In the summer of 2019, I was down in the basement of the football house that the Laurier coaching staff proudly calls home. Down there was a large collection of football pictures and some other WLU football memorabilia. I thought it would be a good idea to reunite some of that stuff with their rightful owners. One guy I managed to contact was Ken Evraire. He was living in Ottawa, and I knew that we had a road game against the Gee Gees so I got ahold of him and invited him to join us on the sideline for that game and I was able to give him a couple of framed photographs. Ken was a star Wide Receiver for Laurier from 1985 to 1987. He was the 1985 OUA Rookie of the Year, a team MVP and President’s Award winner at Laurier in 1986, a CIS 1st team All Canadian in 1986 & 1987, a 3 time OUA 1st team All Star, and a Laurier Hall of Fame inductee in 1993. After that, he played in the CFL from 1988 to 1997. I thoroughly enjoyed this interview with Ken. During our 40 minute chat, he had me laughing out loud at least a dozen times.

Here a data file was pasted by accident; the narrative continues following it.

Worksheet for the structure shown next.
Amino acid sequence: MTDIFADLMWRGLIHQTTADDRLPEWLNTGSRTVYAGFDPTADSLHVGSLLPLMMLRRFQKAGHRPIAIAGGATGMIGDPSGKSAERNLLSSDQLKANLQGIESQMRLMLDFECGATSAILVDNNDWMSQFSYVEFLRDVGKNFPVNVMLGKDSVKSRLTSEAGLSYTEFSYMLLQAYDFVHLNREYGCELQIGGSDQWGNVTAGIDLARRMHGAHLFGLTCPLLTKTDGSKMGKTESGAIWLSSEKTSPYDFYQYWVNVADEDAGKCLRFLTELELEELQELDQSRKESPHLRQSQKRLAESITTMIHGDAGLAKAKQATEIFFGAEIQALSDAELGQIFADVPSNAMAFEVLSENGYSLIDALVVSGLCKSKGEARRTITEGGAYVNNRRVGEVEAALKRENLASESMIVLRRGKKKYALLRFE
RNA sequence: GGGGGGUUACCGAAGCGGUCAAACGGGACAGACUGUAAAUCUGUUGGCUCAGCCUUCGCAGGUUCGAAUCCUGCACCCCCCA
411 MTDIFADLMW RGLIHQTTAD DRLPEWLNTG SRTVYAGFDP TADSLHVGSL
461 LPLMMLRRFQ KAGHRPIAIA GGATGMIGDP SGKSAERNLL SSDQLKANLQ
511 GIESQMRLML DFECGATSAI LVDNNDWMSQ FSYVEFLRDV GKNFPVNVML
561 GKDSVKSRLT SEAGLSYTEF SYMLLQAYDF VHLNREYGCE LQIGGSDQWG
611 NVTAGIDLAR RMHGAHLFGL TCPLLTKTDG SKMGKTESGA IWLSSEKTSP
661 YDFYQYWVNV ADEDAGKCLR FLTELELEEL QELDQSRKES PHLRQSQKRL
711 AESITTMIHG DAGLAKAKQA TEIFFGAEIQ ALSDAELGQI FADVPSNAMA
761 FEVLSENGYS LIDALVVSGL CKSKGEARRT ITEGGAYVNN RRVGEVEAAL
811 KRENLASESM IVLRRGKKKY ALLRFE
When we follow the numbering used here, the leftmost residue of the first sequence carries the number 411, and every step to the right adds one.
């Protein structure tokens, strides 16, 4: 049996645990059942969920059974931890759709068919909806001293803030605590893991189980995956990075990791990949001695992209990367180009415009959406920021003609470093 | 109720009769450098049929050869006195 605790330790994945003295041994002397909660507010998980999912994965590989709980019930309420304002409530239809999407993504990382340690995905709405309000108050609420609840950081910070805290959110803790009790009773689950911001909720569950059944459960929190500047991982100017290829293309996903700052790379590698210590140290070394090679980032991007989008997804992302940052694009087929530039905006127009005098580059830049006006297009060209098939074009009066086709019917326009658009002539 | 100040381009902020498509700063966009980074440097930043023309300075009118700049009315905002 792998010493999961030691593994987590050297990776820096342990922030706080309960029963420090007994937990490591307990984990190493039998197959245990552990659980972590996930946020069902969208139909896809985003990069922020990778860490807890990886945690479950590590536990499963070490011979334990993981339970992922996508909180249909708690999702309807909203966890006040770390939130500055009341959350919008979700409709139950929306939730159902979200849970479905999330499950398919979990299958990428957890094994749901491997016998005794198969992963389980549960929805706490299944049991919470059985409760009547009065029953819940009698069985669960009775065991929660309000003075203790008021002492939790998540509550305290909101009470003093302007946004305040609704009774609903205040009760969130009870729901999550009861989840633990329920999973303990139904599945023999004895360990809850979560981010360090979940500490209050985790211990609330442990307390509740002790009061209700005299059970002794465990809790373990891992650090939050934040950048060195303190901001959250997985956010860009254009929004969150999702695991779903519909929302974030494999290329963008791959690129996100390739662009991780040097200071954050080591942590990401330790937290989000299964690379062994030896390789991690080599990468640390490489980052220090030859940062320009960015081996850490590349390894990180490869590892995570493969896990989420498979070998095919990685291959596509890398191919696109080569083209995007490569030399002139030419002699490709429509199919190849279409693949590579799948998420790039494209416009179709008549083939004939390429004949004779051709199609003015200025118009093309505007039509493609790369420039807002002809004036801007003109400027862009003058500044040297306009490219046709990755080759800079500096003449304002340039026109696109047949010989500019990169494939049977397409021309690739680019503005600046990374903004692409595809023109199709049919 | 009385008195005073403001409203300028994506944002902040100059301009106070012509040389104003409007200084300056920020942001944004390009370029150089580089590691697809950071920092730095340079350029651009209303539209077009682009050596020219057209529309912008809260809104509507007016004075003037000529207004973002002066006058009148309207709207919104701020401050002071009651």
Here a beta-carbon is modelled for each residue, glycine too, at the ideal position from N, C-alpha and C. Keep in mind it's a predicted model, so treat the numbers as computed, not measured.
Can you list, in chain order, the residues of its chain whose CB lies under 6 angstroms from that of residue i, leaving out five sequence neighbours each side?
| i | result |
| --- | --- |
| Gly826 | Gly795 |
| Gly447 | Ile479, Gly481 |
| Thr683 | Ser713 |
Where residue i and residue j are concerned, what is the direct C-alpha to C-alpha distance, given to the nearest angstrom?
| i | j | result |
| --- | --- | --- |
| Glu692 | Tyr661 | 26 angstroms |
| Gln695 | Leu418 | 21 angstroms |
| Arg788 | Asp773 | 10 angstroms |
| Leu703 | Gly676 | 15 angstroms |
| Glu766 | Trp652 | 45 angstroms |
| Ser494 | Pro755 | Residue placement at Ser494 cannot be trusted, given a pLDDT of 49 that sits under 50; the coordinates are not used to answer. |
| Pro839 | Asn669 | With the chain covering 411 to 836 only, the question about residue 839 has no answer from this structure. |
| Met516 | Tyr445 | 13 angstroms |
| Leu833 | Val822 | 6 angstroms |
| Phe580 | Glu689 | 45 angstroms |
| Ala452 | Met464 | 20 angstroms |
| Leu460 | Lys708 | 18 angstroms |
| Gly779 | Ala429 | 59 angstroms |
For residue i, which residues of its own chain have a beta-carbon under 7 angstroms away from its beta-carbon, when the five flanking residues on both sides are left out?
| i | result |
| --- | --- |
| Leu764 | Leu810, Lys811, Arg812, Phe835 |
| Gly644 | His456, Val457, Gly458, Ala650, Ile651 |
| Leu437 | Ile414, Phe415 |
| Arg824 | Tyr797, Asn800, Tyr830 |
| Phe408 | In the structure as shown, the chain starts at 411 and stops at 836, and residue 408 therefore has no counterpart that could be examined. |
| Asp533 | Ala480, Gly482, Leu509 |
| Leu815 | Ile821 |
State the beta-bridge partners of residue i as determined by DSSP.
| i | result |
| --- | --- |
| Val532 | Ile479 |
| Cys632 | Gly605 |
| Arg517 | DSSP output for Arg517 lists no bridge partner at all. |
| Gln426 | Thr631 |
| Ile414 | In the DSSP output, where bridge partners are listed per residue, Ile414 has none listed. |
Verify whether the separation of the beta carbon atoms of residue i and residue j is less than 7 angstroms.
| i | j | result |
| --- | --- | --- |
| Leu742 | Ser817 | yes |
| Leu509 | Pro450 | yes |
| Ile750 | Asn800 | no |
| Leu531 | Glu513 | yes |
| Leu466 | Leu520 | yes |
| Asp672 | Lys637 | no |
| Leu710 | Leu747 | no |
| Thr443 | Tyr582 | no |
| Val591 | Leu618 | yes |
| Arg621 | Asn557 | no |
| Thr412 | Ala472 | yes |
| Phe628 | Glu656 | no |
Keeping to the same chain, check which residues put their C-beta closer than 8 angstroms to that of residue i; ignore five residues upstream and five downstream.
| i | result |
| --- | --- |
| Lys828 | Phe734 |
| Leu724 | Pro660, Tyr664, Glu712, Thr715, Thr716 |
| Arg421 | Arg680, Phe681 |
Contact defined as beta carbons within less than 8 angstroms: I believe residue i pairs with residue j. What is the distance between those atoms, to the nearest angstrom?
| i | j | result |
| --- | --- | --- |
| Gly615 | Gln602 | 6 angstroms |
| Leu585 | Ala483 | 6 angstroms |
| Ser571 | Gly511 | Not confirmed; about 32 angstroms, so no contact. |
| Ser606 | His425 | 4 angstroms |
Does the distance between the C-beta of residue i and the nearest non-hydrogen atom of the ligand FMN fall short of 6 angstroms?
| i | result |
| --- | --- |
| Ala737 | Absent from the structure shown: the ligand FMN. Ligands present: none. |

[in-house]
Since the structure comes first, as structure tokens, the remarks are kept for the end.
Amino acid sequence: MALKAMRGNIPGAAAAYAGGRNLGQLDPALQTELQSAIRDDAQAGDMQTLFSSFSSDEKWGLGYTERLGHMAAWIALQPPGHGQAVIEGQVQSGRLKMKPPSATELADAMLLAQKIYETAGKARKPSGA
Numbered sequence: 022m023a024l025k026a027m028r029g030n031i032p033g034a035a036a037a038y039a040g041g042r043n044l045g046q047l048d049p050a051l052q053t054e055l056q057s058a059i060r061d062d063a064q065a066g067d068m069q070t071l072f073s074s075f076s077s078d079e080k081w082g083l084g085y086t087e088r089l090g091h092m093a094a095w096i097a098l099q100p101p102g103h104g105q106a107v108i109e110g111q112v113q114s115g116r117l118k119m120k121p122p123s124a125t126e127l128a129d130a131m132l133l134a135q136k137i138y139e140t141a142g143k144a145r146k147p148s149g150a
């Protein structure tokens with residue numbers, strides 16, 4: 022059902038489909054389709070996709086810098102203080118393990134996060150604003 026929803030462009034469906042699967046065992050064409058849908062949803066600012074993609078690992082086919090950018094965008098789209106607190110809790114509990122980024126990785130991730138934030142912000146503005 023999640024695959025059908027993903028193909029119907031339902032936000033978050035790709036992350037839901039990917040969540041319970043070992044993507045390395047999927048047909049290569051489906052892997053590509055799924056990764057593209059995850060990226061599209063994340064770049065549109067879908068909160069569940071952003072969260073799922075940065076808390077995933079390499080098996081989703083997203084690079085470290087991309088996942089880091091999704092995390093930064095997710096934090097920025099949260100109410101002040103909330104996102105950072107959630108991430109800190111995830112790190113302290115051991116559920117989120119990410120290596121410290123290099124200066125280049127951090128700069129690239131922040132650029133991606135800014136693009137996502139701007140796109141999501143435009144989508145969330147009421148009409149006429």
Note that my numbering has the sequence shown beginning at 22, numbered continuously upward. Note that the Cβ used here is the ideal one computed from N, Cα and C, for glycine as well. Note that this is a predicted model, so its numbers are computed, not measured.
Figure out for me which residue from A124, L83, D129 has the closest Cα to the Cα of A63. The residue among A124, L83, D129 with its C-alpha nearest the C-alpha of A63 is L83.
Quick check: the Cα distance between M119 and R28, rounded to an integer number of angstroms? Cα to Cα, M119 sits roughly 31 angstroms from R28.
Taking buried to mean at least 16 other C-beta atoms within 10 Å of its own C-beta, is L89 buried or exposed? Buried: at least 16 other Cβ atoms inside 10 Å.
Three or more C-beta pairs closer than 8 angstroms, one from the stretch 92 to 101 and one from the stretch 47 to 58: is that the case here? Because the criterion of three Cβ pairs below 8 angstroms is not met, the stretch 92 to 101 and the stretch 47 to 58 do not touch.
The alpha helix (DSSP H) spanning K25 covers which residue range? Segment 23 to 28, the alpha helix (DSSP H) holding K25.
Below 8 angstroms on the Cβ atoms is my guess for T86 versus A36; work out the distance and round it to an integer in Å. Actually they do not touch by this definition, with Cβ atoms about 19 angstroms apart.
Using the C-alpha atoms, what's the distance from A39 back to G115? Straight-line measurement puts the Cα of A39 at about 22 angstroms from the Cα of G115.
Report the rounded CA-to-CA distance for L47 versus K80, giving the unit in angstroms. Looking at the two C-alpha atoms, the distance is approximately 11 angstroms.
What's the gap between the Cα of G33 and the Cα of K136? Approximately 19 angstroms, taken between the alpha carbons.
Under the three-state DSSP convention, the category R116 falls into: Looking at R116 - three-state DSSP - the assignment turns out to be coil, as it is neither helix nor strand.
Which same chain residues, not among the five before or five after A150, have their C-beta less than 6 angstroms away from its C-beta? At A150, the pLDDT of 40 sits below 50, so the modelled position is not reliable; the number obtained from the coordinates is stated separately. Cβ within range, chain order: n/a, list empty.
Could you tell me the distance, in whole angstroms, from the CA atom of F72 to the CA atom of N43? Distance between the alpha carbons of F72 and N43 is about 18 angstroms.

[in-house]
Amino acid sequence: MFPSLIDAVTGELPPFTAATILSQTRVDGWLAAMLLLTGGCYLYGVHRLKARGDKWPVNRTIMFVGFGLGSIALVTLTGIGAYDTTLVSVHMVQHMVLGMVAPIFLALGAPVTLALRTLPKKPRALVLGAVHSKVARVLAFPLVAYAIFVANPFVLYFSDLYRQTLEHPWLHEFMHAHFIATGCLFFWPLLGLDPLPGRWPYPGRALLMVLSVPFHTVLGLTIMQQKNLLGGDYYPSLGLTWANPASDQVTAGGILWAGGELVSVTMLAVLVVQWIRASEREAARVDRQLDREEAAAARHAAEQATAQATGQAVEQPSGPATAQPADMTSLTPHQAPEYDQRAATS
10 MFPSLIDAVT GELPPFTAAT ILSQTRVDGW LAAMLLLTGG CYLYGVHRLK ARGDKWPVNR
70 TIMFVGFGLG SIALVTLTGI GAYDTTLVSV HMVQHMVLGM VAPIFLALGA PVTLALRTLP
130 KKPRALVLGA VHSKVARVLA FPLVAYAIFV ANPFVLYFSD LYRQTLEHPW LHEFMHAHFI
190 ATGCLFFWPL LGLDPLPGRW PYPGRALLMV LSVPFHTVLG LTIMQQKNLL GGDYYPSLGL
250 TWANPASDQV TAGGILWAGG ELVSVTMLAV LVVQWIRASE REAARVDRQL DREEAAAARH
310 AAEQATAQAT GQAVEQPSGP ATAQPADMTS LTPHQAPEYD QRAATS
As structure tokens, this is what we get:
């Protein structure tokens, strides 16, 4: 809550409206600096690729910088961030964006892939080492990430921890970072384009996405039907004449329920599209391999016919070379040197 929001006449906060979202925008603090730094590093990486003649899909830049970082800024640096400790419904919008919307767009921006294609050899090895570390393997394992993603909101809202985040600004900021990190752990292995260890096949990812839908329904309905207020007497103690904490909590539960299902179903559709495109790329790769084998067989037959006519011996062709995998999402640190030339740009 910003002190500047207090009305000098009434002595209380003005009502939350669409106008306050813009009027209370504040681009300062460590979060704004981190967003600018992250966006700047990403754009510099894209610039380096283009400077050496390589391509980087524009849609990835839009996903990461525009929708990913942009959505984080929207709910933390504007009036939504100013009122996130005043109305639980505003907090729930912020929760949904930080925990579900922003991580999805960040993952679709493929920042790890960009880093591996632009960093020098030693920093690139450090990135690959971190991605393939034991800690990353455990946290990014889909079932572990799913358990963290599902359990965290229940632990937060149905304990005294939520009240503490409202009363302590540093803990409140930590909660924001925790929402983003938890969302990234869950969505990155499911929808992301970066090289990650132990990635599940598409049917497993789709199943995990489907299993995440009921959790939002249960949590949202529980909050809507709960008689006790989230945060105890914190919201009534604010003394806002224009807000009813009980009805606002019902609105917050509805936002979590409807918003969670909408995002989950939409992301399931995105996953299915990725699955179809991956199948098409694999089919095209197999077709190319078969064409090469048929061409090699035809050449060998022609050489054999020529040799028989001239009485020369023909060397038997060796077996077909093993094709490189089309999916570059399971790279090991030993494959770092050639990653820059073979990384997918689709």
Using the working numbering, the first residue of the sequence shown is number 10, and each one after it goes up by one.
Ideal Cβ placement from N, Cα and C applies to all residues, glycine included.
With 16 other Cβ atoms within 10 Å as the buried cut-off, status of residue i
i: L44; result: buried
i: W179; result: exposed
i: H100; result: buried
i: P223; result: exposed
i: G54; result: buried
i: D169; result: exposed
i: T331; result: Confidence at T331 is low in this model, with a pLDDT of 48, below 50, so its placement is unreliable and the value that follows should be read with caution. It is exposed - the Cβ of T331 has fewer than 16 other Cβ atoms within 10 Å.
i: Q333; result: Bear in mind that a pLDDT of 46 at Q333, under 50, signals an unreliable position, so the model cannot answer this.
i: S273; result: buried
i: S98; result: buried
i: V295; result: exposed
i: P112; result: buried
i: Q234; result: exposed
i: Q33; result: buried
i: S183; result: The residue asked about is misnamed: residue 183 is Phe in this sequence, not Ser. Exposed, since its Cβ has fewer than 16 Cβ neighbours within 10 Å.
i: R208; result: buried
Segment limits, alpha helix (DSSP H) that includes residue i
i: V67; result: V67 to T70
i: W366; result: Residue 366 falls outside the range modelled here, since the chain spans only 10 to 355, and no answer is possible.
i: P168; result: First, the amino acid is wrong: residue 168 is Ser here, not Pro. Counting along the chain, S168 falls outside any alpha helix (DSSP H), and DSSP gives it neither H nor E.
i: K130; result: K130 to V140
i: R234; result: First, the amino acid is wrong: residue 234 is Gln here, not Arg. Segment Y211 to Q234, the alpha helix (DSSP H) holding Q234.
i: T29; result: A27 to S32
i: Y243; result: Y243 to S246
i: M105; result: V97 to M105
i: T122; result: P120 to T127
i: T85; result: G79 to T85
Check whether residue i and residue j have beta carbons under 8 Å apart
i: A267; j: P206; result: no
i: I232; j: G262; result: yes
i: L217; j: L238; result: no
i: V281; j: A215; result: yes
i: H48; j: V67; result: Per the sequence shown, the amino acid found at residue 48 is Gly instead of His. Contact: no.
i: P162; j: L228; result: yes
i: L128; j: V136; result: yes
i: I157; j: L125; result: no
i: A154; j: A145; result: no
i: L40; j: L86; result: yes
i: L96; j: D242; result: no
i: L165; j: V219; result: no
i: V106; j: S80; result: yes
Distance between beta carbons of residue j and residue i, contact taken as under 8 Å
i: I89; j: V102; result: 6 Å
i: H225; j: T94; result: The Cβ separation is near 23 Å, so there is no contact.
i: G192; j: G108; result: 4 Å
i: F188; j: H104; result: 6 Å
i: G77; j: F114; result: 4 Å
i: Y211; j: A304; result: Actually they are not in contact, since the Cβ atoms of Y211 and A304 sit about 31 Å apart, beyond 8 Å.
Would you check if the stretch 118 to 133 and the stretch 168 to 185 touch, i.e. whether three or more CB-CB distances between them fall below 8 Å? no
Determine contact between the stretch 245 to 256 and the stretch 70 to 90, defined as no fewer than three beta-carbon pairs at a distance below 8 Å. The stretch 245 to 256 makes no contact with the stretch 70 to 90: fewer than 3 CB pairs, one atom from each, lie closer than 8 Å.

Golden Hawk alumni & friends of the football program,
This newsletter is brought to you by our great friends and the best movers AMJ Campbell.
In December of last year, I received the horrible news that a friend and former colleague of mine in education had attempted suicide. Happily married with two young children and universally loved, admired, and respected by all of those who knew him, I was totally shocked by what happened. Soon after, he succumbed to his injuries. I have known Anthony Maggiacomo casually for a few years. We have chatted at a couple of Golden Hawk training camps and after games on a few occasions. Anthony was a two time OUA champion, a Vanier Cup champion, a 1st team OUA All Star, a CIS 2nd team All Star, a team MVP, a WLU Athlete of the Year, and a 2013 Laurier Hall of Fame Inductee. At the annual football awards dinner that occurred in January, I was made aware of a scholarship in memory of Lee Maggiacomo who died by an act of suicide in 2006. I was not aware of that fact. A few weeks ago, I reached out to Anthony and asked him about his willingness to talk about his career and his brother. He graciously accepted and we met for some beers in a small Kitchener pub. Three hours later, I came away knowing a lot more about Anthony, Lee, and the importance of shining a light on a difficult subject.